N102PT Citation CJ1 declares emergency, crashes Maine.....

Flightaware flight track.

Associated Press - February 1, 2008 9:55 PM ET

WEST GARDINER, Maine (AP) - At least two people were killed this evening when a small jet crashed into the woods in a rural area of West Gardiner shortly after taking off from the Augusta State Airport.

Federal Aviation Administration spokesman Jim Peters says the pilot of the six-seat Cessna Citation C-525 declared an emergency minutes after taking off but was unable to fly to safety.

He says the plane was registered to Jeanette Symons of San Francisco, but the identities of the victims were not confirmed tonight.

Peters says the plane took off at 5:45 p.m. bound for Lincoln, Nebraska.

A few minutes later, the pilot told an air traffic controller there were problems with the indicator that tells how level the plane is. The controller then saw the plane descend rapidly on a radar screen.

Inspectors from the National Transportation Safety Board and the local FAA office were expected at the crash site on Saturday.

‘The plane, bound for Lincoln, Neb., was in contact with a controller at the Portland, Maine, jetport when the pilot declared an emergency about 5 minutes after taking off, at an altitude of 3,000 feet, ascending to 10,000 feet. The controller asked if the pilot needed help returning to Augusta, but the plane then began a rapid descent and radar contact and radio communications were lost, Peters said.’

Saturday, February 2, 2008
Jeannette Symons, believed to be in her mid 40s, is founder and chief executive officer of Industrious Kid, a social networking Web site for children between the ages of 8 and 13. The company is headquartered in Oakland, Calif.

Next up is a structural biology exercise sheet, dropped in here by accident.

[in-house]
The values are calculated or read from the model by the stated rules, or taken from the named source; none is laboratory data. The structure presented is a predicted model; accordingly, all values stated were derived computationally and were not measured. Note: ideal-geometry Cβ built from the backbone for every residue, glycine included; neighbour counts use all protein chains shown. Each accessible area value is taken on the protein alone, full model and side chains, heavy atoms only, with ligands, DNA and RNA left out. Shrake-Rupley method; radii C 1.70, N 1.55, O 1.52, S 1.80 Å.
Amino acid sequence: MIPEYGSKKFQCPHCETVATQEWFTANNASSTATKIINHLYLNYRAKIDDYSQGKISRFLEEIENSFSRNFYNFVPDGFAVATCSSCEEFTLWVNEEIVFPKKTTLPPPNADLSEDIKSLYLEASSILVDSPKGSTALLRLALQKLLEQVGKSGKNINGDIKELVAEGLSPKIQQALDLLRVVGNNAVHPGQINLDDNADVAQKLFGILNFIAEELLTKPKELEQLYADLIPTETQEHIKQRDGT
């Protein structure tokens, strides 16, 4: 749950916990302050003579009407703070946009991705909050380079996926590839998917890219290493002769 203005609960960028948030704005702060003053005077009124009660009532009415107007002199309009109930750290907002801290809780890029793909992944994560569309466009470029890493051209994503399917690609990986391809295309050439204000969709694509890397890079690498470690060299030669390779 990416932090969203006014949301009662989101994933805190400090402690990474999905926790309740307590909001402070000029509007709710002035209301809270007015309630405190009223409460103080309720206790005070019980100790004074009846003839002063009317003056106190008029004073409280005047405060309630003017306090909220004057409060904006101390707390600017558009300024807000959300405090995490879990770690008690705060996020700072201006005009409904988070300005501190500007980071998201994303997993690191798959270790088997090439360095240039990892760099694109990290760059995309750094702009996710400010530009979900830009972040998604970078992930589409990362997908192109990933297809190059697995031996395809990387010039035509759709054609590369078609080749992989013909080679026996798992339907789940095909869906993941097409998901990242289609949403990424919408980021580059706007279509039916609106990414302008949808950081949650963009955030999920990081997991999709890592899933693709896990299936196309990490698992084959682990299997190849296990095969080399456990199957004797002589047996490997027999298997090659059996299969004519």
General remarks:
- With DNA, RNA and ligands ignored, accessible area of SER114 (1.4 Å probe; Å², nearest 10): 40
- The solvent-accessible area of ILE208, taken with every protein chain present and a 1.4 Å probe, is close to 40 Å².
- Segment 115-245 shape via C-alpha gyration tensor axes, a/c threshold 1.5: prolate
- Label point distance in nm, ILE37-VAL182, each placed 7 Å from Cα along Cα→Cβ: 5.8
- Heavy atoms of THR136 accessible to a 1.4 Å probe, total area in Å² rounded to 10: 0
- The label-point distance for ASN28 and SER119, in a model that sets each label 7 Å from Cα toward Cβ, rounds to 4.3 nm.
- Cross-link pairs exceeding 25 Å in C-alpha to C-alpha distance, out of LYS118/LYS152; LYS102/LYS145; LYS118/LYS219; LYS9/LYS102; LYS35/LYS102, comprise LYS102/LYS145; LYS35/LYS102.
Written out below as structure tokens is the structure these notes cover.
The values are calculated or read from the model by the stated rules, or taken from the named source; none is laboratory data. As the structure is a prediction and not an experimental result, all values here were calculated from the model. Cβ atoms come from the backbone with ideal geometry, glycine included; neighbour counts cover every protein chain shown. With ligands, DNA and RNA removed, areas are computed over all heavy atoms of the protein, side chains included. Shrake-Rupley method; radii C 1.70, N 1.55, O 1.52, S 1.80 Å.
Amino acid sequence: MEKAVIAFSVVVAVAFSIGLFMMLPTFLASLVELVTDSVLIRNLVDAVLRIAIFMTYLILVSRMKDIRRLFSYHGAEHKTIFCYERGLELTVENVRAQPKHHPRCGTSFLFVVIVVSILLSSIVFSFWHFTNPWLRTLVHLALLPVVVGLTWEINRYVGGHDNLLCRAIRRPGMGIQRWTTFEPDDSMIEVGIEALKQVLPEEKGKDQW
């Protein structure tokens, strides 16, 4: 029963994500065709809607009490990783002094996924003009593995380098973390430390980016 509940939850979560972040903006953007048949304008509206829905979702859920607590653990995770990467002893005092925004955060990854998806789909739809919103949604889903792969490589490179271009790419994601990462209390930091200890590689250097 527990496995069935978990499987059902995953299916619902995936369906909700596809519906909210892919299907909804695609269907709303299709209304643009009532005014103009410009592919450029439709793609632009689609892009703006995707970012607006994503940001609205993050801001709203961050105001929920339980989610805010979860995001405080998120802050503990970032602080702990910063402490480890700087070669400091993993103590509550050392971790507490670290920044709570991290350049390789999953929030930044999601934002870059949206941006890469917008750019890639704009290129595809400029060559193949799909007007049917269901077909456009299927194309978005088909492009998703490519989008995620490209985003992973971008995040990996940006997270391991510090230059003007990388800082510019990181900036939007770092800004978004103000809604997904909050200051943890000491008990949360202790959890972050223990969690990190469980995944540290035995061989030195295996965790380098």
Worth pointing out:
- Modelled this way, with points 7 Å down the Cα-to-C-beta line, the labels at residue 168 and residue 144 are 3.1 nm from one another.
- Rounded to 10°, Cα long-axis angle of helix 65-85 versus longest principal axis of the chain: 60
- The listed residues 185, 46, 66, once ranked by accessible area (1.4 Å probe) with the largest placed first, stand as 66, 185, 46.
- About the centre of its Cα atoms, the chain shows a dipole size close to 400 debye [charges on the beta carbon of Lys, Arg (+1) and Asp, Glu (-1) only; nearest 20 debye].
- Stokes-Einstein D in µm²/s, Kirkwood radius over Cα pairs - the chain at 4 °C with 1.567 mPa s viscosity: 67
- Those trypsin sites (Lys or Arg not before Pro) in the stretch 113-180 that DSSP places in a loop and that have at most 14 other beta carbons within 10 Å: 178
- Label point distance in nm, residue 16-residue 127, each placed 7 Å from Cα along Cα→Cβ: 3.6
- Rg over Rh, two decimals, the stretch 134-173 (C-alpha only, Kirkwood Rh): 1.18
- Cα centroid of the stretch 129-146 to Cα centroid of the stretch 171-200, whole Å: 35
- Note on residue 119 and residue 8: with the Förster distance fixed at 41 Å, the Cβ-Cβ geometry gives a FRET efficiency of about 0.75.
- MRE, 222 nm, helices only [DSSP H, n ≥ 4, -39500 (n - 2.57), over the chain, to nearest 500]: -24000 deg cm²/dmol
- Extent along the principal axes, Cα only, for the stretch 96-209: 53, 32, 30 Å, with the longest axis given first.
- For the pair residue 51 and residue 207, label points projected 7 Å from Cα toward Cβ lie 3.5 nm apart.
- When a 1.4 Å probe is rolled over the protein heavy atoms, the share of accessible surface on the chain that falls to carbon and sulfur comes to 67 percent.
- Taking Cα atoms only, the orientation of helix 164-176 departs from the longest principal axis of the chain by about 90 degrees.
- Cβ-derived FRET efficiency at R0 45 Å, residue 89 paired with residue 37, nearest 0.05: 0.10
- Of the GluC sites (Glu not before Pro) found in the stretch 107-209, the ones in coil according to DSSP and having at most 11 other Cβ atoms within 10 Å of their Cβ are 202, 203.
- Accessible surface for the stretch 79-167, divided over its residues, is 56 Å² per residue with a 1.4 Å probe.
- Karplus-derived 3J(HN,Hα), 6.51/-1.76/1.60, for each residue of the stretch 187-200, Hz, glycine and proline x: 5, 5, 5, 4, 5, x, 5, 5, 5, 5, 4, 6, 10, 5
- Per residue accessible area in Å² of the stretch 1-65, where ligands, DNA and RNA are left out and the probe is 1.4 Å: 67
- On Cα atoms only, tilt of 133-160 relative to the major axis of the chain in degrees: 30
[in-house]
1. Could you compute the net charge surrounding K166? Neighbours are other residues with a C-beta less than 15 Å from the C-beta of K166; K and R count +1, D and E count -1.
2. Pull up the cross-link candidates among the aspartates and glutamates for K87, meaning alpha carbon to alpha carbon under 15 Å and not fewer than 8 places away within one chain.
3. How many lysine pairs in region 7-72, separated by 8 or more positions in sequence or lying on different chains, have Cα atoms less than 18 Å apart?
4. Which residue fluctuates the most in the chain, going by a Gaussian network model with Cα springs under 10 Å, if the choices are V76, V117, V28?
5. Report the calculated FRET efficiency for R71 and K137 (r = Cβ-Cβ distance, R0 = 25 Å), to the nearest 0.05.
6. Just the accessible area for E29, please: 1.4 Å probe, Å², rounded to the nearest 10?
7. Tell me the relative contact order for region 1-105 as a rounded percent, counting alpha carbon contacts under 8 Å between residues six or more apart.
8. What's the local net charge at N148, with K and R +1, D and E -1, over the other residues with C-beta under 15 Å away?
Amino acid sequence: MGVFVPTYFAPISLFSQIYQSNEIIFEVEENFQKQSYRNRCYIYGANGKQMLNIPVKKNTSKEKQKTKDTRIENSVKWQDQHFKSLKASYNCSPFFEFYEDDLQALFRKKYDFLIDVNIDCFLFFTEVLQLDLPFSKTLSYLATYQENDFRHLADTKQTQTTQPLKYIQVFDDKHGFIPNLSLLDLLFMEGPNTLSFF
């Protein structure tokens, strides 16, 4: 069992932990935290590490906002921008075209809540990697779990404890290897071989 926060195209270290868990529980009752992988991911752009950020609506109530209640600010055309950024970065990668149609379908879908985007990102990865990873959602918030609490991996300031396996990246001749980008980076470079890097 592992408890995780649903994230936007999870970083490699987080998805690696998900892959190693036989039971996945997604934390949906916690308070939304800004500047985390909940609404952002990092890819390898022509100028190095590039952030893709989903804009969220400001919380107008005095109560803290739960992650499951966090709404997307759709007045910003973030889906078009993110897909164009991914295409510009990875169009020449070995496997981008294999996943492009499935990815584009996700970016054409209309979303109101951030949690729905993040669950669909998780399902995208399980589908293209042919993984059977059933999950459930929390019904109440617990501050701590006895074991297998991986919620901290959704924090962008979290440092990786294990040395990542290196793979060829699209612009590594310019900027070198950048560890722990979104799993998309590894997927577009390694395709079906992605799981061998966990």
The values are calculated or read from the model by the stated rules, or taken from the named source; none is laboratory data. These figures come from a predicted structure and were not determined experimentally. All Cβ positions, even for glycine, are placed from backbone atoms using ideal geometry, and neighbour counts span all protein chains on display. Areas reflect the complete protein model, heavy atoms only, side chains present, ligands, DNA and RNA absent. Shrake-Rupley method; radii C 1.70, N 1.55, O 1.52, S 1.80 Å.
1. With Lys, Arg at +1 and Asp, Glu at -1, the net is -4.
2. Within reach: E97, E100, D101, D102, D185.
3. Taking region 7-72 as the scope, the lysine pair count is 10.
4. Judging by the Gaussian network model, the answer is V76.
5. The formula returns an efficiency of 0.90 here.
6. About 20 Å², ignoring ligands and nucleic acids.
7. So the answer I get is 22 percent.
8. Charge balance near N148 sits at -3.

Symons is also the creator of the Web site imbee.com, which she created to help children network with friends online while avoiding some of the dangers of the Internet. The Disney Co. is an investor in that business.

In 2001, Symons was listed as one of the wealthiest people in the country under the age of 40. At the time, she was 39 years old.

In 1989 she sold Ascend Communications, which she co-founded, to Lucent Technologies for $24 billion.

After that, she was a founder of Zhone Technologies, which focuses on infrastructure used in the so-called last mile with an eye toward creating products for all types of voice, data and video traffic.

Before founding Ascend, Symons was a software engineer at Hayes Microcomputer, a leading modem manufacturer, where she developed and managed its ISDN program.

She received a bachelor of science degree from the University of California at Los Angeles and a degree in systems engineering from the same university, according to several online sites.

She has two children, according to zoominfo.com.

seacoastonline.com/apps/pbcs … S01&sfad=1

Urggh…Single pilot, night, bad IMC, in a jet, on a Part 91 flt with your innocent 10 year old son on board. What could possibly go wrong!

Very sad.

FAA Preliminary Report

ASN Air Saftey Network Info on every C525 crash/major incident to date.

Looks like a typo on the precip type in the METAR in the above report. X and Z are close to each other…

For those wondering what precip types are entered into METARS, check out:



pressherald.mainetoday.com/story … 2&ac=PHnws
"Feb 2, 2008 6:16 PM
I left the Augusta airport area just about the same time as the plane.

Having driven the equivalent of 25 times around Earth, i have never experienced the difficulty in deicing my car windshield in the type of ice/sleet precipitation that was coming down in the Augusta area at the time.